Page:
Canada Won’t Rule Out Hitting Trump Where It Hurts With These Sanctions

by Jasmyne Ray
Leon Neal/Getty Images News/Getty Images

A lot of fuss has been made over the past couple of weeks about the United States' trade relationship with Canada. On June 9, President Trump said he wanted to start imposing tariffs on steel and aluminum imports from the European Union, Mexico, and Canada. Now, it's clear that there could be some major consequences. In fact, Canada may end up sanctioning Trump's organization in response.

On June 1, CNN Money reported that Canadian Prime Minister Justin Trudeau said that Canada would be retaliating against Trump's tariffs in the next month. Trudeau went on to claim that the way Trump is arguing that his tariffs on steel and aluminum are important to the United States' national security is "kind of insulting."

On June 14, Canadian Foreign Minister, Chrystia Freeland, didn't completely cement the idea, but said that Canada also wasn't completely ruling out the possibility of imposing retaliatory tariffs. In a Maclean's article, she called Trump's tariffs "illegal" and "unjustified."

“We are now in a consultation period." she said in the article. "We welcome ideas from all Canadians on what should and what should not be in our retaliation list."

In an article for Canadian outlet Maclean's, journalist Scott Gilmore explained how this could hit Trump where it hurts: his wallet.

Canada could add a tax to Trump properties equal to any tariff unilaterally imposed by Washington. The European Union could revoke any travel visas for senior staff in the Trump organization. And the United Kingdom could temporarily close his golf course.

In late May, Trump announced he would be putting tariffs in place for most of the United States' allies, CNN Money reports. On June 1, though, the European Union, Mexico, and Canada retaliated against Trump's tariff impositions with their own against the United States. According to the president of the European Commission, Jean-Claude Juncker, the tariff block they proposed would affect around $7.5 billion worth of U.S. exports.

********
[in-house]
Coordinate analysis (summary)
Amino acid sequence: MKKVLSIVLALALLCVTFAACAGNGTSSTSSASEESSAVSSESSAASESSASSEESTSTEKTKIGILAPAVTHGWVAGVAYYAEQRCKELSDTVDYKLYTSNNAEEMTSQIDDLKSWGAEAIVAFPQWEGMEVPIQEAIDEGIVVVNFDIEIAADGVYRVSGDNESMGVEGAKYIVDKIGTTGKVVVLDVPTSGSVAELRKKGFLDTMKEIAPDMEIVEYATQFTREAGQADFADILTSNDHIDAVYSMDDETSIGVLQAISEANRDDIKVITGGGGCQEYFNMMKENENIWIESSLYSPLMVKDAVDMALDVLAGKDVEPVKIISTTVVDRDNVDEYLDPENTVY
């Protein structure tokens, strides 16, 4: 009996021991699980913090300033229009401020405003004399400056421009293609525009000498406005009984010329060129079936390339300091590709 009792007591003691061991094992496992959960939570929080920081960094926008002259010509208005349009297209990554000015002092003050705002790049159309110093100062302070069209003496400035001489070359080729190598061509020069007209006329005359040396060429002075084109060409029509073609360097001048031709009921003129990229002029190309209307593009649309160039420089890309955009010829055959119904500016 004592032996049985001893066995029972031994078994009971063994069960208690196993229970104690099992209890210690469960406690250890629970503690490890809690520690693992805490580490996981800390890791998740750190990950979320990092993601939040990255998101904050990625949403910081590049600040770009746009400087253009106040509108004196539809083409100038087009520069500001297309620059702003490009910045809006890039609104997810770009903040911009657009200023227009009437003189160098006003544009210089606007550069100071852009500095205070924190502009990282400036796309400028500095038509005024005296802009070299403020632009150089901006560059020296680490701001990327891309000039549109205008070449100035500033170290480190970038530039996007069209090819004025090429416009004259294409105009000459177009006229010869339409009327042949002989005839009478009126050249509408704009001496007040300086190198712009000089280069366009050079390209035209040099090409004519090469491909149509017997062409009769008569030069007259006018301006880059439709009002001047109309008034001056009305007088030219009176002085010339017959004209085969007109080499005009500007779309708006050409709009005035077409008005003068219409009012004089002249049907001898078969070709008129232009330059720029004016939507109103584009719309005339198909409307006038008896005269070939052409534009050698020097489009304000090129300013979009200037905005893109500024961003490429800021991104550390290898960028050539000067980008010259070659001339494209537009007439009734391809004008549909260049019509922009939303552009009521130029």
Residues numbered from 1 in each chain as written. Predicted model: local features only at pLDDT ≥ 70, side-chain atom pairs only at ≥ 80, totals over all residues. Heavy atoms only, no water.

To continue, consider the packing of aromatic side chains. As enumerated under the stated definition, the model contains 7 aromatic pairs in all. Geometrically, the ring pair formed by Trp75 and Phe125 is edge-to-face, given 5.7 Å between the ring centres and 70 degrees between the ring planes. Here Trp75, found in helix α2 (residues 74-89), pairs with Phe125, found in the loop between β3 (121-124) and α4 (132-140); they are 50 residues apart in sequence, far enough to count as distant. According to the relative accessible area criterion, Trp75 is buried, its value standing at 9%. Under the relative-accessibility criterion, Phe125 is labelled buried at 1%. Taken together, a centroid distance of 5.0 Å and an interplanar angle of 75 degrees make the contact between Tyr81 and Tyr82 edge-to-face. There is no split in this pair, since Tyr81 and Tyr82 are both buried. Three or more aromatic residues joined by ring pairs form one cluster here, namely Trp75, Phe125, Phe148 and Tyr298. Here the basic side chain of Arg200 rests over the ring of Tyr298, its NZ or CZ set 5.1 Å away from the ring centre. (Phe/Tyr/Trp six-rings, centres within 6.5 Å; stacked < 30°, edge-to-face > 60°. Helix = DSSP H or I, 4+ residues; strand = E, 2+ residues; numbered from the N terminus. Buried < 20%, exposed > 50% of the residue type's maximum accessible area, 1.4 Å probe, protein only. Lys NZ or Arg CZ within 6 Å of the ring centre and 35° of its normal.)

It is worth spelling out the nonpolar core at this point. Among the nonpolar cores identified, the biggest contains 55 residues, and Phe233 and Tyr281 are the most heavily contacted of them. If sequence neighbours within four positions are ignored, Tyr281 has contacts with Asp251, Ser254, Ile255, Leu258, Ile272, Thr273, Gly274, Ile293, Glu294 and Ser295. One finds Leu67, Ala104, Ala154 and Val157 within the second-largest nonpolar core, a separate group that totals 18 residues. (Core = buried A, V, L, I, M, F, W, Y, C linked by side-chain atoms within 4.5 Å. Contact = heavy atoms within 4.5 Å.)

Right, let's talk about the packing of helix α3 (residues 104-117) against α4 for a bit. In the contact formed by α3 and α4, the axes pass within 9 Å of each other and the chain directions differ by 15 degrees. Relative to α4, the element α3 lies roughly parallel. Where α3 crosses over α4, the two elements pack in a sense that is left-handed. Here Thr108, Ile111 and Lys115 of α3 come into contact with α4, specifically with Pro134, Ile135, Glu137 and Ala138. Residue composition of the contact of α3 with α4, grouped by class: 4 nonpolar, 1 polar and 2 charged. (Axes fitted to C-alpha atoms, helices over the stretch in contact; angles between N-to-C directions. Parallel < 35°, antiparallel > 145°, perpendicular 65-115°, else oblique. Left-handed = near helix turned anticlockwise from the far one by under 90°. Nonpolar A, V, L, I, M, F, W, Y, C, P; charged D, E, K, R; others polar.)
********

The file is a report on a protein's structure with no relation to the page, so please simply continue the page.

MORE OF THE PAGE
"The United States now leaves us with no choice but to proceed with a WTO dispute settlement case," Juncker said in a statement, according to CNN Money. "And with the imposition of additional duties on a number of imports from the United States."

According to The Hill, Regina-Lewvan Member of Parliament Erin Weir, the politician who asked the question about Canada's potential tariff response, added that the Justice for Victims of Corrupt Foreign Officials Act is way to sanction foreign nationals. Maclean's explained that this law is typically used for foreigners responsible for human rights violations and gives the government the power to enforce travel bans and freeze assets. In other words, a country could try using this act to retaliate against Trump's tariffs.

“It is an interesting one, given President Trump’s alleged ties with Russia,” Weir said in the article. “I can see how it would be seen as a radical measure, but we are confronted with a radical reality from the Trump administration."

While in Washington, D.C. to accept news magazine Foreign Policy Diplomat of the Year Award, Freeland said that there would be a "dollar-for-dollar response" to Trump's trade tariffs, claiming that ultimately American businesses and consumers would take a hit from it, according to the magazine.

“You may feel today that your size allows you to go mano a mano with your traditional adversaries and be guaranteed to win. But if history tells us one thing, it’s that no one nation’s preeminence is eternal,” she said during her speech at the awards ceremony. "That is why the far wiser path — and the more enduring one — is to strengthen our existing alliance of liberal democracies. To hold the door open to new friends."